November 21, 2022 6 Comments
by Cynthia Anderson
Enjoying a cup of tea is a simple pleasure anytime. Having a pot of tea that remains perfectly warm with an insulating cozy just adds to the pleasure of tea time. Tea cozies also make a great gift for anyone who enjoys a spot of tea. Take the time to enjoy a cozy cup of tea this holiday season and throughout the year with this charming and utilitarian project.
In this blog, I will show you how to make a Tea Cozy and provide you with a free pattern. Plus I'm adding a recipe for a divine almond tea cake at the end so you can really have a wonderful tea time!
You can download the free pattern and instructions for this tea cozy here. It will take you through checkout, but the pattern does not cost anything.
This cozy pattern was originally featured in Folkwear's 303 Home Collection: An English Cottage Kitchen. This collection of patterns included items that were found in Victorian era English cottage kitchens that combined the technology of the Industrial Revolution with the latest trends popularized by ladies' homemaking magazines. This Tea Cozy has an outer quilted tea cozy and a separate inner lining. The reason to have both is so that you can easily wash the lining when it gets tea on it, and protect your outer, more decorative layer. You can, of course, just sew the outer layer if you like.
Make your cozy as unadorned or decorative as you like. Add a stitched quilted pattern (included in this pattern), some embroidery, or leave plain depending on the fabric used and look you desire. Quilting can also be created by using free-form stitching made on your sewing machine, a drawn design of your own, a free pre-drawn design found on the internet, or no decorative stitching at all.
I made my holiday-inspired cozy out of 1/2 yard of white cotton for the outer cover, with a scrap of batting sandwiched between the outer cover layers for insulation. I quilted my tea cozy cover using a simple crisscross design using red contrasting machine stitching. I added hand-embroidered blue-green crossed-stitched stars to the intersecting quilting lines. I made the removable lining using 1/2 yd of red cotton flannel. To quicken the pace, I stitched the quilting lines using a sewing machine, but you could also hand stitch if you like. Because I love to add layered details to projects, I made a pair of yarn pom-poms (from yarn stash) to add to the cozy's holiday spirit and topped it all off with a red fabric covered button found in my button box.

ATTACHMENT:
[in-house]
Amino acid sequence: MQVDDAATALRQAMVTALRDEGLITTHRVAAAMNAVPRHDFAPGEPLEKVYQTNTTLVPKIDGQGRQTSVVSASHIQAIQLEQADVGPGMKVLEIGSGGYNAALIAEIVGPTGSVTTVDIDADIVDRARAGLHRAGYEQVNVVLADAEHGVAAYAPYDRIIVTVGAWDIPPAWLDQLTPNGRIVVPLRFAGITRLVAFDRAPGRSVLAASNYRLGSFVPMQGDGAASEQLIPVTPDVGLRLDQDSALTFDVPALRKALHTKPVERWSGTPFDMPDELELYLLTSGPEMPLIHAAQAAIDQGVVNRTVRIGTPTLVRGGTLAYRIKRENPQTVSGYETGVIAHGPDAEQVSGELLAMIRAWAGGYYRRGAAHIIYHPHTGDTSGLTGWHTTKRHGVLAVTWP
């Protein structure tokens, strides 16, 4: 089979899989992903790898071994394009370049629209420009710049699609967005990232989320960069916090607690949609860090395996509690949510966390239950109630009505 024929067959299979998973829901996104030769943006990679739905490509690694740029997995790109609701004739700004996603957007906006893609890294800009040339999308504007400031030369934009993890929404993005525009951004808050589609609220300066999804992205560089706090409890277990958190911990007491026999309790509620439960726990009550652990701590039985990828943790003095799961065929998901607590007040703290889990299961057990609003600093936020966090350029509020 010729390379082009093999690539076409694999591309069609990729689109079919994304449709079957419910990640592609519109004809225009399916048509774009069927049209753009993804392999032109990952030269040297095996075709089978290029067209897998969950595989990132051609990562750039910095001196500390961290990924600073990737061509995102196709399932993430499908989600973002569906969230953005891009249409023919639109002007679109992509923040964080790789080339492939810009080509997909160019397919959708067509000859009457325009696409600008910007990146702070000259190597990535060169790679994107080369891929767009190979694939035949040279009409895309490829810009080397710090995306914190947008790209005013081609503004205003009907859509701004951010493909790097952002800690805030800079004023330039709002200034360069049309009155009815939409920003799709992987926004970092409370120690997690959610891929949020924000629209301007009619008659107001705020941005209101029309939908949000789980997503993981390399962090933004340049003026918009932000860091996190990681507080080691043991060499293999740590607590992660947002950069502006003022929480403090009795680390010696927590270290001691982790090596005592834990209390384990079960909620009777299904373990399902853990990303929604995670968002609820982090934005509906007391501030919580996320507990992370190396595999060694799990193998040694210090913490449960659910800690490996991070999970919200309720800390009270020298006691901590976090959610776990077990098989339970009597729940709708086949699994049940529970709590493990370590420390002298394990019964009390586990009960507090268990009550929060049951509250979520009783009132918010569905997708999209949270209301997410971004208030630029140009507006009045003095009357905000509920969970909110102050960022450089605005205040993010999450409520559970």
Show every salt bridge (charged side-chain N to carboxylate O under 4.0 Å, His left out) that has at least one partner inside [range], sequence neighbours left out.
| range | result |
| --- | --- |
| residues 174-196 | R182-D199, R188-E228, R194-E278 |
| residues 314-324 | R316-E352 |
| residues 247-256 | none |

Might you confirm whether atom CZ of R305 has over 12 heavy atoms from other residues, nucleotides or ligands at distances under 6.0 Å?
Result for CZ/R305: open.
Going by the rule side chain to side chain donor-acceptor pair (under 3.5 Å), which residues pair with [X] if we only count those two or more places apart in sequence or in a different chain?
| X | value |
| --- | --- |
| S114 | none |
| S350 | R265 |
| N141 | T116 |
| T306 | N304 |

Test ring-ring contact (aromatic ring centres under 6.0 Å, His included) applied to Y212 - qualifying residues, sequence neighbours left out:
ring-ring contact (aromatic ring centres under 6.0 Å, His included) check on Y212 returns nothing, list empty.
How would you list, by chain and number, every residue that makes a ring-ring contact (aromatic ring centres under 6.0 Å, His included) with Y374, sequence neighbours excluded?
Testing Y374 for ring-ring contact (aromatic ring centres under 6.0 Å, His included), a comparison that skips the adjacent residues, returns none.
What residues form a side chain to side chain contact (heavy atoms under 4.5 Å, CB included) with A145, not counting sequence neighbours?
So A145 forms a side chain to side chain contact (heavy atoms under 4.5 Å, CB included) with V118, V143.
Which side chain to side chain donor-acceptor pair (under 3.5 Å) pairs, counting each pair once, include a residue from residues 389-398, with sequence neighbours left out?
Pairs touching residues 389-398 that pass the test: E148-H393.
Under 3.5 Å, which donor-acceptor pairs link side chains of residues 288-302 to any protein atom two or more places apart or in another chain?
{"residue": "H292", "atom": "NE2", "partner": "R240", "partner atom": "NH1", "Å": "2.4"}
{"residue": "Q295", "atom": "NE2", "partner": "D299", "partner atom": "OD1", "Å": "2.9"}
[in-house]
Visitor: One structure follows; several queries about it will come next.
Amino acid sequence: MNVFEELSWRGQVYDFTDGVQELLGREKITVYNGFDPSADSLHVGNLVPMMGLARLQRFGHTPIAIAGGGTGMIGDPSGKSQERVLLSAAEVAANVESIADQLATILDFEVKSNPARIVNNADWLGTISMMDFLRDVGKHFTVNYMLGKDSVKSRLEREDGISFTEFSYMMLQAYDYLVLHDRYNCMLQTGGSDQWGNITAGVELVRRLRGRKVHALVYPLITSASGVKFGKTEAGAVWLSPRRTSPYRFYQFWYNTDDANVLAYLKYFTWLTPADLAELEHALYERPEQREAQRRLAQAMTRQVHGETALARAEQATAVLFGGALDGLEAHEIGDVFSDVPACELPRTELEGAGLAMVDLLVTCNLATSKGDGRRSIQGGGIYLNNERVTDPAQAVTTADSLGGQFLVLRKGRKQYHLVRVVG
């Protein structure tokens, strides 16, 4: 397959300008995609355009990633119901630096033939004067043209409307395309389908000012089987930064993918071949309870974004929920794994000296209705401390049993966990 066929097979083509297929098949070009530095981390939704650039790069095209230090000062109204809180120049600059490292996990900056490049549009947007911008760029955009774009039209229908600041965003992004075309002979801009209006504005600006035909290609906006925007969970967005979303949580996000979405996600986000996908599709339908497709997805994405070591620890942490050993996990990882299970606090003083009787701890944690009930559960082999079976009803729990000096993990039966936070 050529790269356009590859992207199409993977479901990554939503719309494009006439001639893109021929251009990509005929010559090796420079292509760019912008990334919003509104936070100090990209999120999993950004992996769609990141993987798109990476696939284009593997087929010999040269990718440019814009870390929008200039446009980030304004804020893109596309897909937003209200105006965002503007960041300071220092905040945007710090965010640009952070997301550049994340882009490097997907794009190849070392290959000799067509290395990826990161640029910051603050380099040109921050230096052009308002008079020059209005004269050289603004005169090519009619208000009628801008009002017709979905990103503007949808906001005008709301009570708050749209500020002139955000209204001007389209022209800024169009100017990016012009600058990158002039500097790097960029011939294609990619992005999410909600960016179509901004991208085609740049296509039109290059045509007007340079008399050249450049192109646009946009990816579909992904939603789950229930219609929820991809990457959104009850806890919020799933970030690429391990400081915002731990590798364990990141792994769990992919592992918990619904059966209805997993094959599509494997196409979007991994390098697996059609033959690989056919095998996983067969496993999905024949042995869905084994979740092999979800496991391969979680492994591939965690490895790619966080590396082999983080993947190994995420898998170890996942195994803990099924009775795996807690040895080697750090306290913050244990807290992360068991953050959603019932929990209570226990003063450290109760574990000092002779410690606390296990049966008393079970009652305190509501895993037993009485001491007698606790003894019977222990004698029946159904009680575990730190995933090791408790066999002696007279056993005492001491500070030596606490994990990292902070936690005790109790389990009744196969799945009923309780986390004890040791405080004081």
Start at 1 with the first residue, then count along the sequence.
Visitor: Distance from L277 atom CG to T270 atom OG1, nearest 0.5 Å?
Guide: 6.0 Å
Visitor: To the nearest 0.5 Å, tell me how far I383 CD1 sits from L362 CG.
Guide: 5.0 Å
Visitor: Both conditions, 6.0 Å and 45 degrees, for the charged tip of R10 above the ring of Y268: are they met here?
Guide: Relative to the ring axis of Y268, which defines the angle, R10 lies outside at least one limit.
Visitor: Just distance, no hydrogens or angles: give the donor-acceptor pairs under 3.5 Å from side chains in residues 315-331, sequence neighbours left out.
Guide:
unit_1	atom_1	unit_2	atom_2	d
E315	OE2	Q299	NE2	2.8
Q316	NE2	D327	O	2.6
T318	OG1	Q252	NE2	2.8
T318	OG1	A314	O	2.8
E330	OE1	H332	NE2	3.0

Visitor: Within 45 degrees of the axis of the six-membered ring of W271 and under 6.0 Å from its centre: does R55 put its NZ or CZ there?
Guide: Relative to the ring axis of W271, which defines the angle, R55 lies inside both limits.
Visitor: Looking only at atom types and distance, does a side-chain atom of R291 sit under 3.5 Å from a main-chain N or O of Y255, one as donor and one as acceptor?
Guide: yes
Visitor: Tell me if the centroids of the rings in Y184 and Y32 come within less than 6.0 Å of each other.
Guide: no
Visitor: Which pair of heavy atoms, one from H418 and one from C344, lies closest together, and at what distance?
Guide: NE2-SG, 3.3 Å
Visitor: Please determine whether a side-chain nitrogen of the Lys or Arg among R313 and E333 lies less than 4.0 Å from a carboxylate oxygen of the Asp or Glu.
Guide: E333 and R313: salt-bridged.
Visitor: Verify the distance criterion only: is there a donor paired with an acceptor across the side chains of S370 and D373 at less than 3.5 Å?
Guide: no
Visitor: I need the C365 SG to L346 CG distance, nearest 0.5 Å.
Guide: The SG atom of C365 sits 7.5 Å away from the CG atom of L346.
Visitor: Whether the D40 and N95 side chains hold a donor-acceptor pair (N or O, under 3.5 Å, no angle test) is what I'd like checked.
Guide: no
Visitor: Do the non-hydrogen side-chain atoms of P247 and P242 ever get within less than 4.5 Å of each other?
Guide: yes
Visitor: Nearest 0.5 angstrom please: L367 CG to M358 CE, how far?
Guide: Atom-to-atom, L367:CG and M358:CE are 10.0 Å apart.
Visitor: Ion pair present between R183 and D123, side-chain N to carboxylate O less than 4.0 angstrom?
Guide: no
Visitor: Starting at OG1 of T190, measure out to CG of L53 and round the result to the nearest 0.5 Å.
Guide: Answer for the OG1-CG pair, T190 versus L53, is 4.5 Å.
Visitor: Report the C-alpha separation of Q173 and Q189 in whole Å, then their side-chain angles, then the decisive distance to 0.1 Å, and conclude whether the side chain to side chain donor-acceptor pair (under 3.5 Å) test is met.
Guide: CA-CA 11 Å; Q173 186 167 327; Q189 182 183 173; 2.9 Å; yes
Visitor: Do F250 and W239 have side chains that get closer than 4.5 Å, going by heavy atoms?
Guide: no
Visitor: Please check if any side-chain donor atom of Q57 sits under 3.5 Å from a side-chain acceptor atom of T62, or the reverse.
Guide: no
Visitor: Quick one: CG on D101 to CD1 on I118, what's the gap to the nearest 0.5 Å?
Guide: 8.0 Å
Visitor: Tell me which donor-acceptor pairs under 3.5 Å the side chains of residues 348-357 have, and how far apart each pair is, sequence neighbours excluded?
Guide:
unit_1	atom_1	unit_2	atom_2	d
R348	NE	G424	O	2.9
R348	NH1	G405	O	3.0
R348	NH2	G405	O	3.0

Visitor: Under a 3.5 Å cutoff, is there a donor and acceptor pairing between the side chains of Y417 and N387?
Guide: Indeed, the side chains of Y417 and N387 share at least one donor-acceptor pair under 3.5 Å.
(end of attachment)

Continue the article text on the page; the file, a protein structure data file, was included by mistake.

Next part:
With all the holiday fabrics in the craft stores this time of year, making a holiday-themed cozy is a snap. Use a holiday print, candy stripe, woven damask, or solid fabric. Cotton, linen, wool, and pre-quilted fabrics are good choices. Recycle and reuse a holiday tablecloth or pair of large napkins you already have or go for a holiday treasure hunt at favorite thrift store to find the perfect thing to make a cozy.
Have fun decorating your cozy, with ribbon, trim, lace, buttons, beads, embroidery, cross-stitch, applique, patch work, etc. Make a cozy to compliment an elegant tea set, an everyday tea pot and cups/mugs, a special Christmas themed set, or make a small cozy for a child's tea pot. If you have a mix-and-match crockery collection, make your cozy with a complementing aesthetic. No matter the look you like, have fun making a cozy all your own.
To Get Started
Pre-wash your fabric, because you will want to wash your cozy periodically. The batting should not be pre-washed, because it will come apart in the process.